Home / Drama / The Night Season – East Riding Theatre, Beverley

The Night Season – East Riding Theatre, Beverley

Writer: Rebecca Lenkiewicz

Director: Adrian Rawlins

Set Designer: Ed Ullyart

Lighting: Simon Bedwell

Reviewer: Ron Simpson

Amanda in Noel Coward’s Private Lives famously commented on the potency of cheap music. While there is nothing cheap about the Fred Astaire chapter of the Great American Songbook, popular music – from Irish folk song to Marlene Dietrich via Astaire-Rogers classics – is certainly potent in focussing the audience’s emotional response to Adrian Rawlins’ excellent production of The Night Season.

In fact, despite strong and sympathetic performances by all the cast of seven, it’s the integrated nature of the production that leaves the strongest lasting impression. Rawlins, newly in place as East Riding Theatre’s Artistic Director, already has plenty of experience of the potential and limitations of Beverley’s converted church as a theatre – and the same can be said for designer Ed Ullyart and lighting man Simon Bedwell. The result is a production perfectly tailored to the venue. 

Ullyart provides a nicely composite set, with living room and bedroom (to serve as two different locations), plus a vestigial upper storey where the three sisters’ heads bob out to comment on the batty activities of their grandma, or their drunken father is uncovered in various embarrassing positions. In Rawlins’ imaginative and economical production, space is found for the library and the beach and the lighting takes us from place to place seamlessly. When I Only Have Eyes for You begins, “Are the stars out tonight?”, they are – above the confused, but well-intentioned, drunks below.

Reviews of Rebecca Lenkiewicz’s play when it was first staged at the National Theatre in 2004 were unanimous in praising it, but also in finding antecedents and influences – and certainly, Lenkiewicz appears to know and loves Chekhov’s Three Sisters and a welter of Irish plays from Dancing at Lughnasa to Stones in his Pockets. What all these have is the ability to switch from comedy to sadness, to find farcical humour and human drama in the same characters. The ERT production of The Night Season gauges this precarious balance of tone perfectly.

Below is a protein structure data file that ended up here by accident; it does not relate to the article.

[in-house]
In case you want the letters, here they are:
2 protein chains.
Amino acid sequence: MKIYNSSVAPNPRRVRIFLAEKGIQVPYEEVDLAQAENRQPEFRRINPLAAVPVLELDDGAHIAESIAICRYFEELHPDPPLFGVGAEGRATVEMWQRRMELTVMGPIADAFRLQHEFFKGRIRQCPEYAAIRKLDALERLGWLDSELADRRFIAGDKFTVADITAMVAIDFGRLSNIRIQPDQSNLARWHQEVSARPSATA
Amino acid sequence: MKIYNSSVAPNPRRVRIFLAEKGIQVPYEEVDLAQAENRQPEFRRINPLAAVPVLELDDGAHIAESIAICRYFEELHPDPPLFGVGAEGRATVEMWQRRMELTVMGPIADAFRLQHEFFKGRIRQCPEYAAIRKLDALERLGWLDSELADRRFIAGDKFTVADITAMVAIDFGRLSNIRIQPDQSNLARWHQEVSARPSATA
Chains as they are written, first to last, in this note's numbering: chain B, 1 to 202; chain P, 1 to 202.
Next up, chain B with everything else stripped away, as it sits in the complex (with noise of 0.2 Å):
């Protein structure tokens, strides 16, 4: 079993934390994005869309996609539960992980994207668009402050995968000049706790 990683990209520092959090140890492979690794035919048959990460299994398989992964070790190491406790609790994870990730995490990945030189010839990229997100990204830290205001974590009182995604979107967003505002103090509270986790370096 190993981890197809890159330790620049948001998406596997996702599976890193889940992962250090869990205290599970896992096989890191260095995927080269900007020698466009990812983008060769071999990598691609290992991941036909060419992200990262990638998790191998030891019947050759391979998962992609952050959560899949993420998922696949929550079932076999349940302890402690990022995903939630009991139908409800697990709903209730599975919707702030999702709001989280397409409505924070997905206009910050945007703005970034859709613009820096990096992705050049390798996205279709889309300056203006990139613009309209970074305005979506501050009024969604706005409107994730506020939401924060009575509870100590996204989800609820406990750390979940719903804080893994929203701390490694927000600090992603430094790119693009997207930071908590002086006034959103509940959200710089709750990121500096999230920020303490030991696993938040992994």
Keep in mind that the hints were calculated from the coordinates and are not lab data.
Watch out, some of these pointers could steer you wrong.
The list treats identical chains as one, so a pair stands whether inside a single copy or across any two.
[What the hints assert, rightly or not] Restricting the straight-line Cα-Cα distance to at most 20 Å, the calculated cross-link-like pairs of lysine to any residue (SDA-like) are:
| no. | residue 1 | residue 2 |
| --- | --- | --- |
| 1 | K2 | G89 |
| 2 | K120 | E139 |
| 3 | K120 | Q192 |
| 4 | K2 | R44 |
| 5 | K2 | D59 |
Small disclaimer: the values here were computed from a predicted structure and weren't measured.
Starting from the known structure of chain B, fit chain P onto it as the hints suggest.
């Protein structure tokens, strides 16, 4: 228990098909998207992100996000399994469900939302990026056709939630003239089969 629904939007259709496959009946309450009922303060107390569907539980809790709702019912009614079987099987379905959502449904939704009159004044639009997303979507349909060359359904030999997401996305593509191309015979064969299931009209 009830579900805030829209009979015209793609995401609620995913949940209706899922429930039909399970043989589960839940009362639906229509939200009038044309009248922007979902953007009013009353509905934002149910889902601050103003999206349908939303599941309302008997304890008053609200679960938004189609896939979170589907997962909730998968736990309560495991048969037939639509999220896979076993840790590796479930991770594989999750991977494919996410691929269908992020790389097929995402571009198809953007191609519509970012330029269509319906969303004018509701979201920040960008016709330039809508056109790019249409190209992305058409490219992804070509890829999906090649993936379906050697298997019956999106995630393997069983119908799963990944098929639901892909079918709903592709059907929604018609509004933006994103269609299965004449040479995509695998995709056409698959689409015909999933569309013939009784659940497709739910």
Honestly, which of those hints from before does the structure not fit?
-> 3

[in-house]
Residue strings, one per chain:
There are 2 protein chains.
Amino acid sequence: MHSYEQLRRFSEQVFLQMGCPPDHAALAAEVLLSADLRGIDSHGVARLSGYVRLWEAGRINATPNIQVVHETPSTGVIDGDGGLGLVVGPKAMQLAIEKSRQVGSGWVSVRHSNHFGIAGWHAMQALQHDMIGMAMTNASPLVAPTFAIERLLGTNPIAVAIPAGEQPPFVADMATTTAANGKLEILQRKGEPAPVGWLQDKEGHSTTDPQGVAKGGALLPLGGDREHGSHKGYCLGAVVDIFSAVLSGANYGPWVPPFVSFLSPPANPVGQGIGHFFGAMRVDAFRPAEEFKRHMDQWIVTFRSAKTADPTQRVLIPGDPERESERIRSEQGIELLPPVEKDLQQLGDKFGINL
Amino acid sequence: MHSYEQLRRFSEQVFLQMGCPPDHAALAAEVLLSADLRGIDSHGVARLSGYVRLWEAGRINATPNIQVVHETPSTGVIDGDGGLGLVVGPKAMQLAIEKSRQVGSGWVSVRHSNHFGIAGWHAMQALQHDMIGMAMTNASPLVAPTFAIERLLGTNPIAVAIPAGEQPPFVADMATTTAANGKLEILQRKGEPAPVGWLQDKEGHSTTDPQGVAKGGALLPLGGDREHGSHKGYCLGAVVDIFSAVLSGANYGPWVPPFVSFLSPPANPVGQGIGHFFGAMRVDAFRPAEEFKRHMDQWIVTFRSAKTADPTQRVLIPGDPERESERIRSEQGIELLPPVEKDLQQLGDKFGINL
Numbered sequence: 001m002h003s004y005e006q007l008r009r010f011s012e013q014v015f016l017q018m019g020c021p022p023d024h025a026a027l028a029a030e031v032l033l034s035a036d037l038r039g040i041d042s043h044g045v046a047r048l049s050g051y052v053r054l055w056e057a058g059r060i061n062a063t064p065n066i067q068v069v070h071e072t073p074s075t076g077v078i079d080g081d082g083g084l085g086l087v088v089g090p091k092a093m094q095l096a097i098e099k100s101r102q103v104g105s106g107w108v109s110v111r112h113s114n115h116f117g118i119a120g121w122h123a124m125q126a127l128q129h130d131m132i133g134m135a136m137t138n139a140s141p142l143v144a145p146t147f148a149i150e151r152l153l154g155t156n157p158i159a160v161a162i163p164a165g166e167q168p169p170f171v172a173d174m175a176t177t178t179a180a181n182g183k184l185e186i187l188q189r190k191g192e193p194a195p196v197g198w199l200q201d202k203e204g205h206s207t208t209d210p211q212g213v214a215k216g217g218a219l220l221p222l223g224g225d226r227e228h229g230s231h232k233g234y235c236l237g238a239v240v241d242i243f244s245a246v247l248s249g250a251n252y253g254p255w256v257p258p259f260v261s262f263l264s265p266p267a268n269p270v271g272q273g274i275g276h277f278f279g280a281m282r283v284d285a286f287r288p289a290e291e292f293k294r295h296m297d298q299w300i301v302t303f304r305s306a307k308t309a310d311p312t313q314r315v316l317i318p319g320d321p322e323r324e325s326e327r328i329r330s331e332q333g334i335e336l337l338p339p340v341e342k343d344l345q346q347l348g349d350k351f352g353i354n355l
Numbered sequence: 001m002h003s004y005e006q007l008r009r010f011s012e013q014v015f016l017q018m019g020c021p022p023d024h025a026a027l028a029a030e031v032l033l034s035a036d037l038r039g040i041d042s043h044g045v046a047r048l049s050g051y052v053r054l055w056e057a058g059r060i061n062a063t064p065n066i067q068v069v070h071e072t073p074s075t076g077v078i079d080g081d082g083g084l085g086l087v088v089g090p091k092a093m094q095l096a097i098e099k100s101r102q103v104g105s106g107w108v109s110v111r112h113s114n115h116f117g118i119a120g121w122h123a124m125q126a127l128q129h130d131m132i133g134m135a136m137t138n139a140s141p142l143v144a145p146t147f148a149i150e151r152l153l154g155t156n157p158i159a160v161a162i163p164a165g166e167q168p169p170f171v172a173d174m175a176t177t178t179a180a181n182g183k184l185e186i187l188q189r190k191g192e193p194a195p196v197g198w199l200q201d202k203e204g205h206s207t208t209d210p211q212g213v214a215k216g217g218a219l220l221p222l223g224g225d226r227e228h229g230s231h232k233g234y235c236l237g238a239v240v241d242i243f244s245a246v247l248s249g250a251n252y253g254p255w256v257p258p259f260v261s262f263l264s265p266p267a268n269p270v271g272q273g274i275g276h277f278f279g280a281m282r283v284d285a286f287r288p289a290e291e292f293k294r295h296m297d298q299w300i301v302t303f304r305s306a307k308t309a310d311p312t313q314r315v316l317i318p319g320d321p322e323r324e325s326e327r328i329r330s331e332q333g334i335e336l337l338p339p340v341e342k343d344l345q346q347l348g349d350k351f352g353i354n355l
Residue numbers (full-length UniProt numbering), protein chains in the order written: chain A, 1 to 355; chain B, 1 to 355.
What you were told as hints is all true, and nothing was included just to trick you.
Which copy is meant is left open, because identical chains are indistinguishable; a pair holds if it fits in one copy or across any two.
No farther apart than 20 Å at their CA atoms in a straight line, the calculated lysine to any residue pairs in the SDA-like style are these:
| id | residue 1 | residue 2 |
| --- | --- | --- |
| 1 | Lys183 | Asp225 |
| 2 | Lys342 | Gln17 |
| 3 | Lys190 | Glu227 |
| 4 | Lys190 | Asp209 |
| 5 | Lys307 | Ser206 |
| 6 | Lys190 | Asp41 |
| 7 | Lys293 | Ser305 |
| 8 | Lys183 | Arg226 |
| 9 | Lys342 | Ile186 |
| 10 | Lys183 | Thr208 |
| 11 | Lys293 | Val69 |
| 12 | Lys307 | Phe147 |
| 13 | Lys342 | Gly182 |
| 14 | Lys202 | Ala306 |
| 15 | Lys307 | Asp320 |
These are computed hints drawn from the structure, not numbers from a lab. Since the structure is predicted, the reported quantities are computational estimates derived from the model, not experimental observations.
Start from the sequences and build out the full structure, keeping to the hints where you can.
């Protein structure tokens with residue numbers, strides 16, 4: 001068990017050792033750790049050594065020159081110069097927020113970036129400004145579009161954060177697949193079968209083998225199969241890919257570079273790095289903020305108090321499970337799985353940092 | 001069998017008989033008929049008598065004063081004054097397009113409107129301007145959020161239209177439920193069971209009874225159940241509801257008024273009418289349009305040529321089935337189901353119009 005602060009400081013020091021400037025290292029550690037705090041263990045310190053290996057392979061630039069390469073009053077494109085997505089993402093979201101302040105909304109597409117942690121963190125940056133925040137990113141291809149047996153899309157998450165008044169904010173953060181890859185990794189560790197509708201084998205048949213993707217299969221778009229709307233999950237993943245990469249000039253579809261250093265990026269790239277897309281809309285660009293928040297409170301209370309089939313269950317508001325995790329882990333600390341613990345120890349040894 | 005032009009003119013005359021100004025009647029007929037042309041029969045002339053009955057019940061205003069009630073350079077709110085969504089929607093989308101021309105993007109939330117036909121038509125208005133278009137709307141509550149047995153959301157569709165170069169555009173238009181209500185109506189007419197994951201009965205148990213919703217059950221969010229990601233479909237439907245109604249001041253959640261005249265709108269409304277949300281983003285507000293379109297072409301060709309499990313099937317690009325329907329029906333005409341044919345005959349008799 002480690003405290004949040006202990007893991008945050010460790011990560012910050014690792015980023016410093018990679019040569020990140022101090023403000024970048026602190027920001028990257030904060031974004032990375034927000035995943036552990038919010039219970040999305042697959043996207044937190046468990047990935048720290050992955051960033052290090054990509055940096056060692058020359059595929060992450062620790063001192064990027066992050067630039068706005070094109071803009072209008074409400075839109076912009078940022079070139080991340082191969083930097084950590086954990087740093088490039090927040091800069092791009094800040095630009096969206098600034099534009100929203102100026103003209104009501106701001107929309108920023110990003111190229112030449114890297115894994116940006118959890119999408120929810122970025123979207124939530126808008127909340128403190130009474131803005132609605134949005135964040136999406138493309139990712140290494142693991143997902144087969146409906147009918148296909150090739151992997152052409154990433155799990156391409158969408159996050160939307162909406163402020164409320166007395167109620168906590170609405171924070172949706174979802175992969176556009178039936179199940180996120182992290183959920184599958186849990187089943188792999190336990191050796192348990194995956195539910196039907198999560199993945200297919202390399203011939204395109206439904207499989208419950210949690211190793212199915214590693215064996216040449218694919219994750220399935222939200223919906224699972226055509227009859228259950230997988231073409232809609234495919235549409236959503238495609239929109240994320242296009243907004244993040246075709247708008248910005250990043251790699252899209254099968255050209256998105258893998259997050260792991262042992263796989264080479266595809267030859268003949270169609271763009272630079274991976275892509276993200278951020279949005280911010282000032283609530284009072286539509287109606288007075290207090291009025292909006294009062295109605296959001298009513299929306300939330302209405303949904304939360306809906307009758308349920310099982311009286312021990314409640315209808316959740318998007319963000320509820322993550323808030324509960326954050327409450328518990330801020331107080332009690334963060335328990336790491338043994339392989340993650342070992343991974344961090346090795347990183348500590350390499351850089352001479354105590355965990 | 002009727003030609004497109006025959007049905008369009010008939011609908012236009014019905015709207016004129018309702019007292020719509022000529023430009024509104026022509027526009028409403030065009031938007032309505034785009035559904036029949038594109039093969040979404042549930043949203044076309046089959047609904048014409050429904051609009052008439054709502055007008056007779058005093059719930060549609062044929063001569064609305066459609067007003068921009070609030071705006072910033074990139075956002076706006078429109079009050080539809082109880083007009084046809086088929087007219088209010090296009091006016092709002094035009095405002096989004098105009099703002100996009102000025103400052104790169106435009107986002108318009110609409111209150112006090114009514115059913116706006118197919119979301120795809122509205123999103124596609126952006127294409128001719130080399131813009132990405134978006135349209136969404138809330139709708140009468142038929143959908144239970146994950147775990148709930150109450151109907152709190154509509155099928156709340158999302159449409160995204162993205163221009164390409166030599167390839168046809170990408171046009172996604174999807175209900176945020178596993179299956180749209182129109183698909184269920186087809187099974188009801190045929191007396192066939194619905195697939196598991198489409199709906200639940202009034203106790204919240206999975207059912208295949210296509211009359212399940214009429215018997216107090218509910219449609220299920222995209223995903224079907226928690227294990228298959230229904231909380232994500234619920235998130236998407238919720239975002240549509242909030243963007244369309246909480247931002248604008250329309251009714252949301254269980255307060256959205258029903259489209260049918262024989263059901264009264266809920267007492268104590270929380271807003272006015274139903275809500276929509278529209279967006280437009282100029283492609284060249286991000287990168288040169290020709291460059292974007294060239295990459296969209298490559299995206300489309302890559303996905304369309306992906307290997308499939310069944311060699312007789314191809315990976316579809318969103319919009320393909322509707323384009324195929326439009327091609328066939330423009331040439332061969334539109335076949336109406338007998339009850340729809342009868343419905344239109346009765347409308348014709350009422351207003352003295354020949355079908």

The play is episodic over a fair period of time, set in a dysfunctional family in a small Irish town. Events are sequential, relationships start, progress or end, but no specific conclusion is reached, except for the death of the grandmother which is predicted in the opening minutes. The most important character in many ways never appears, the mother of the three sisters, who decamped to London 15 years previously.

Her mother, Lily, talks to her constantly; her daughters either resent her or long to make contact with her; her husband, Patrick, drowns in a sea of alcohol amid quotations from King Lear. Lily looks for final contact with a man while the sisters pursue shifting, and mostly unsatisfactory, relationships with a gentle chess fanatic, an actor staying with the family while shooting a film about W.B. Yeats and a militant Communist whose wild activities are only reported.

It’s not always easy to reconcile Lily’s bursts of energy with the fact that she’s fading away, but Lynne Verrall mines the comedy of her frankness and obstinacy as well as the pathos of her sense of loss. Clive Kneller brings a fine cynical fury to Patrick while never losing touch with the humanity beneath it all. Bettine Mackenzie, the sensible (initially) librarian, Alice Beaumont, flinging herself at the film actor, and Evie Guttridge, going from sweetness to obscenity-filled rage as the youngest, are a well-balanced trio of sisters. Gary the chess fanatic and John the actor get likeable, convincingly understated performances from Josh Meredith and Gabriel Winter.

Runs until 25 March 2017 | Image: Contributed

Writer: Rebecca Lenkiewicz Director: Adrian Rawlins Set Designer: Ed Ullyart Lighting: Simon Bedwell Reviewer: Ron Simpson Amanda in Noel Coward’s Private Lives famously commented on the potency of cheap music. While there is nothing cheap about the Fred Astaire chapter of the Great American Songbook, popular music – from Irish folk song to Marlene Dietrich via Astaire-Rogers classics – is certainly potent in focussing the audience’s emotional response to Adrian Rawlins’ excellent production of The Night Season. In fact, despite strong and sympathetic performances by all the cast of seven, it’s the integrated nature of the production that leaves the…

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